Front Back
oral nasal interrupted by ʔ interrupted by h oral nasal interrupted by ʔ interrupted by h
Close ] [ĩ] [ḭ] [i̤] ] [ũ] [ṵ] [ṳ]
Close-mid ] [ẽ] [ḛ] [e̤] ] [õ] [o̰] [o̤]
Open ] [æ̃] [æ̰] [æ̤] ] [ɑ̃] [ɑ̰] [ɑ̤]

Tone

Tone systems differ markedly between varieties. Jalapa Mazatec has three level tones (high, mid, low) and at least 6 contour tones (high-mid, low-mid, mid-low, mid-high, low-high, high-low-high).[8] Chiquihuitlán Mazatec has a more complex tone system with four level tones (high, midhigh, midlow, low) and 13 different contour tones (high-low, midhigh-low, midlow-low, high-high (longer than a single high), midhigh-high, midlow-high, low-high, high-high-low, midhigh-high-low, midlow-high-low, low-high-low, low-midhigh-low, low-midhigh).[7]

Mazatec of Huautla de Jimenez´ has distinctive tones on every syllable,[9] and the same seems to be the case in Chiquihuitlán. Mazatec only distinguishes tone on certain syllables.[7] But Huautla Mazatec has no system of tonal sandhi,[10] whereas the Soyaltepec[11] and Chiquihuitlán varieties have complex sandhi rules.[12][13]

Consonants

Jalapa Mazatec has a three-way contrast between aspirated/voiceless, voiced, and nasalized articulation for all plosives, nasals and approximants. The lateral ] occurs only in loanwords, and the tap [ɾ] occurs in only one morpheme, the clitic ɾa "probably". The bilabial aspirated and plain stops are also marginal phonemes. [14]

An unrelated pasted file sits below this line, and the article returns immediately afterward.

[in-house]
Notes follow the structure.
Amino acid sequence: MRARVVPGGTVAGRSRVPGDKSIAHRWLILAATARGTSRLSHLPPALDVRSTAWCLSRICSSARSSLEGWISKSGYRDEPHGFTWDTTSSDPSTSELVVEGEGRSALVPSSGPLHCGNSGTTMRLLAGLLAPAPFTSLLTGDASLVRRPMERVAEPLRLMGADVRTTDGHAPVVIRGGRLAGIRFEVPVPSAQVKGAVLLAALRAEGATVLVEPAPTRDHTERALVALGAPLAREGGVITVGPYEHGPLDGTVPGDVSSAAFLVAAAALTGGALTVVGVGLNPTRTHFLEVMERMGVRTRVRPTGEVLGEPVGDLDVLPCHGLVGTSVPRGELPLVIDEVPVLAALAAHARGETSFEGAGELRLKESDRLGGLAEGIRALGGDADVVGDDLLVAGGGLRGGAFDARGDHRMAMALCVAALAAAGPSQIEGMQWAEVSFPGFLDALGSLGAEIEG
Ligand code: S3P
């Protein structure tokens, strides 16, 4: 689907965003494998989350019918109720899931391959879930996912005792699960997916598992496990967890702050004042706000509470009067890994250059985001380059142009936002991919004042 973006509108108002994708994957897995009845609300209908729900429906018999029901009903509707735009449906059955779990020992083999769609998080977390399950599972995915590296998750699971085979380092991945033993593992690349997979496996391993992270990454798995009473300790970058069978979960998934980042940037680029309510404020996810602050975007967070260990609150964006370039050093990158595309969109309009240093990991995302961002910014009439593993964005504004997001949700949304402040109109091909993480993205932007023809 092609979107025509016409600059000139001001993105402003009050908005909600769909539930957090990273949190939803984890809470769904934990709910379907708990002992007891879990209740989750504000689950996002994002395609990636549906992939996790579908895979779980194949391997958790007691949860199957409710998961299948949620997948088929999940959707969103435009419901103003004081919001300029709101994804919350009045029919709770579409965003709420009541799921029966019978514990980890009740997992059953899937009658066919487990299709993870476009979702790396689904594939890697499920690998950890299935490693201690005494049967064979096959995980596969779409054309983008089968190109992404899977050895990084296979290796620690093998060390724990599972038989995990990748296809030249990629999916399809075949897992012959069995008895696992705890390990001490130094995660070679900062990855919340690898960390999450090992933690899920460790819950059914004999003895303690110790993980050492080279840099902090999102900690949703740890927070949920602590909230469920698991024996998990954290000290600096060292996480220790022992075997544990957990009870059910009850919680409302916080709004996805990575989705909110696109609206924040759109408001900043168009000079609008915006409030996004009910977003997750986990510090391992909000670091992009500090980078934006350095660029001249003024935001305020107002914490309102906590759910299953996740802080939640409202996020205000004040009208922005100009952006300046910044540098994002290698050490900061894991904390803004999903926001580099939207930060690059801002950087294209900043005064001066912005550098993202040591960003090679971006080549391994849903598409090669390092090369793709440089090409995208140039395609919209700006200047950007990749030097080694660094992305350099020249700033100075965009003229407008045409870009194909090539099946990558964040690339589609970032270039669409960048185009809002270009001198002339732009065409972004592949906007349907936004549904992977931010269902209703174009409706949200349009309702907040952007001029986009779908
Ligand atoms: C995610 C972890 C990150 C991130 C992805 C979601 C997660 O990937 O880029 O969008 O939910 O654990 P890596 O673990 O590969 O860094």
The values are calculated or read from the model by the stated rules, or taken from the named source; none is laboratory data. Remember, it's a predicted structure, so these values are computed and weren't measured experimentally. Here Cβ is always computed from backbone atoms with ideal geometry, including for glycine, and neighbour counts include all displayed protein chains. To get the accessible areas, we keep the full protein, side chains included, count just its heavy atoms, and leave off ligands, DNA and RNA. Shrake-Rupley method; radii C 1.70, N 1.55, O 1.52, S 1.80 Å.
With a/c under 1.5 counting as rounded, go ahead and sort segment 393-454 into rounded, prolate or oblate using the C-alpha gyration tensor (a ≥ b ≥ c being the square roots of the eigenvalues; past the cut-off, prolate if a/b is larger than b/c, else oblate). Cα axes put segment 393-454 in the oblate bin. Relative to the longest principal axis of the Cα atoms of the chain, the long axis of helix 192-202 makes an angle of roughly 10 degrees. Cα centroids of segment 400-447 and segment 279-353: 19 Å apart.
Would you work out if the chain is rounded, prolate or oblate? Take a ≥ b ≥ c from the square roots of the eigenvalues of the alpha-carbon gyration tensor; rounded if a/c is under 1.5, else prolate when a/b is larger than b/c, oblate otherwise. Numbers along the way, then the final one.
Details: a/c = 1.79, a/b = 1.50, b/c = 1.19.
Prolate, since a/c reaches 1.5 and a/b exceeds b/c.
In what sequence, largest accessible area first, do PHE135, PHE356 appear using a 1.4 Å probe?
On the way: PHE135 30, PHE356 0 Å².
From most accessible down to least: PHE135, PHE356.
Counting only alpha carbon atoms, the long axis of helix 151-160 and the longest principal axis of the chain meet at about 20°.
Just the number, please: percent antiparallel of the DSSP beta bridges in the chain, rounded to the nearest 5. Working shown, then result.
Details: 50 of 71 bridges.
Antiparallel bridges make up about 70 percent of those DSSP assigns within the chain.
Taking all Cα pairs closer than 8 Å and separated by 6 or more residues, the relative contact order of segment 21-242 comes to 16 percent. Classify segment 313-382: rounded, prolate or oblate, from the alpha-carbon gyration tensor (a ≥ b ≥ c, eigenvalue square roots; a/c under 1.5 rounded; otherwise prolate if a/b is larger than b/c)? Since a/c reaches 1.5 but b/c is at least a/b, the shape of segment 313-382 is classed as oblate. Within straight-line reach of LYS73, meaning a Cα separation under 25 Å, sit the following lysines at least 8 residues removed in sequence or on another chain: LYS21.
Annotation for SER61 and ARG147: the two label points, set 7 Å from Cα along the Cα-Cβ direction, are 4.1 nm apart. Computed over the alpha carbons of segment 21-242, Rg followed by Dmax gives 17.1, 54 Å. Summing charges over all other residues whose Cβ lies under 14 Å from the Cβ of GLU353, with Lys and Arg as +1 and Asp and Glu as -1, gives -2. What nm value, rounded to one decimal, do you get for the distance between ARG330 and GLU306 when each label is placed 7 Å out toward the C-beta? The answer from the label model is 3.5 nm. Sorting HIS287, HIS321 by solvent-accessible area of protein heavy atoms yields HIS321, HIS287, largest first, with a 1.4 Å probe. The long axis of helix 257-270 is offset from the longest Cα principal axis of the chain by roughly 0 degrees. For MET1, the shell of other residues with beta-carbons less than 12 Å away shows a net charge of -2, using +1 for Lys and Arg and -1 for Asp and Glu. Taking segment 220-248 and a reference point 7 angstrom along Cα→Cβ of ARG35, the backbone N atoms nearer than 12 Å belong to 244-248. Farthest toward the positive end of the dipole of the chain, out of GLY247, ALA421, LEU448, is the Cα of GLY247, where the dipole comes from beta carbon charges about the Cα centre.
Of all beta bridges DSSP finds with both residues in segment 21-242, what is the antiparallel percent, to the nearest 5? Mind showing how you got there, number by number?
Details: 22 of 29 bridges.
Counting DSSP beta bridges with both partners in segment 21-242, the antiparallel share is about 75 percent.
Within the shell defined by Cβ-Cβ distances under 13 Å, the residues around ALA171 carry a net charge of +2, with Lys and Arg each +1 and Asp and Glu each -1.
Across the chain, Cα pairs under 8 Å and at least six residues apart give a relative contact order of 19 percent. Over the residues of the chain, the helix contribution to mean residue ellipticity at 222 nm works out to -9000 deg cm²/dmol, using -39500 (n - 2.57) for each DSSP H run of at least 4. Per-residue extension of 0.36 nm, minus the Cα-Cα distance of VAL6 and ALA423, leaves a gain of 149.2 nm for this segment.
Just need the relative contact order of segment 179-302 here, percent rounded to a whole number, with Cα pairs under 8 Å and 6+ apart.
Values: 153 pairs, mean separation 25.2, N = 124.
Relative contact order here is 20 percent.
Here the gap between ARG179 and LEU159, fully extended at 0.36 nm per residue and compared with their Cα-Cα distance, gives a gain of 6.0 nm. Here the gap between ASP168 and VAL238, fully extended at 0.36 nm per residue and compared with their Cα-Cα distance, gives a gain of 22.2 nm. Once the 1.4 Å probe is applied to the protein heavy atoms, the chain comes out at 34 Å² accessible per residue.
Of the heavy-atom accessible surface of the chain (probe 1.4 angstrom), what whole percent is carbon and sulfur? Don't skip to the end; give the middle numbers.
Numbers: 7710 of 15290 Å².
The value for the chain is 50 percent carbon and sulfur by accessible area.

Bilabial Dental Postalveolar Velar Glottal
Plosive
aspirated (pʰ)
plain (p) t k ʔ
prenasalized mb nd ŋɡ
Affricate
aspirated tsʰ tʃʰ
unaspirated ts
prenasalized nd͡z nd͡ʒ
Fricative
voiceless s ʃ h
Nasal
voiceless ɲ̥
plain m n ɲ
modal (creaky) ɲ̰
Approximant
voiceless ȷ̊ ʍ
plain   (l) j w  
nasalized    
Tap   (ɾ)

Grammar

Verb Morphology

In Chiquihutlán Mazatec, verb stems are of the shape CV (consonant+vowel) and are always inflected with a stem-forming prefix marking person and number of the subject and aspect. In addition, verbs always carry a suffix that marks the person and number of the subject. The vowel of this suffix fuses with the vowel of the verb stem.[15]

There are 18 verb classes distinguished by the shape of their stem-forming prefixes. Classes 1, 2, 7, 10 and 15 cover intransitive verbs, and the rest of the classes involve transitive verbs. Transitive verbs have two prefix forms, one used for third person and first person singular and another used for the other persons (2nd person plural and singular and first person plural inclusive and exclusive). Clusivity distinctions as well as the distinction between second and first person is marked by the tonal pattern across the word (morphemes and stem do not have inherent lexical tone).[15][16]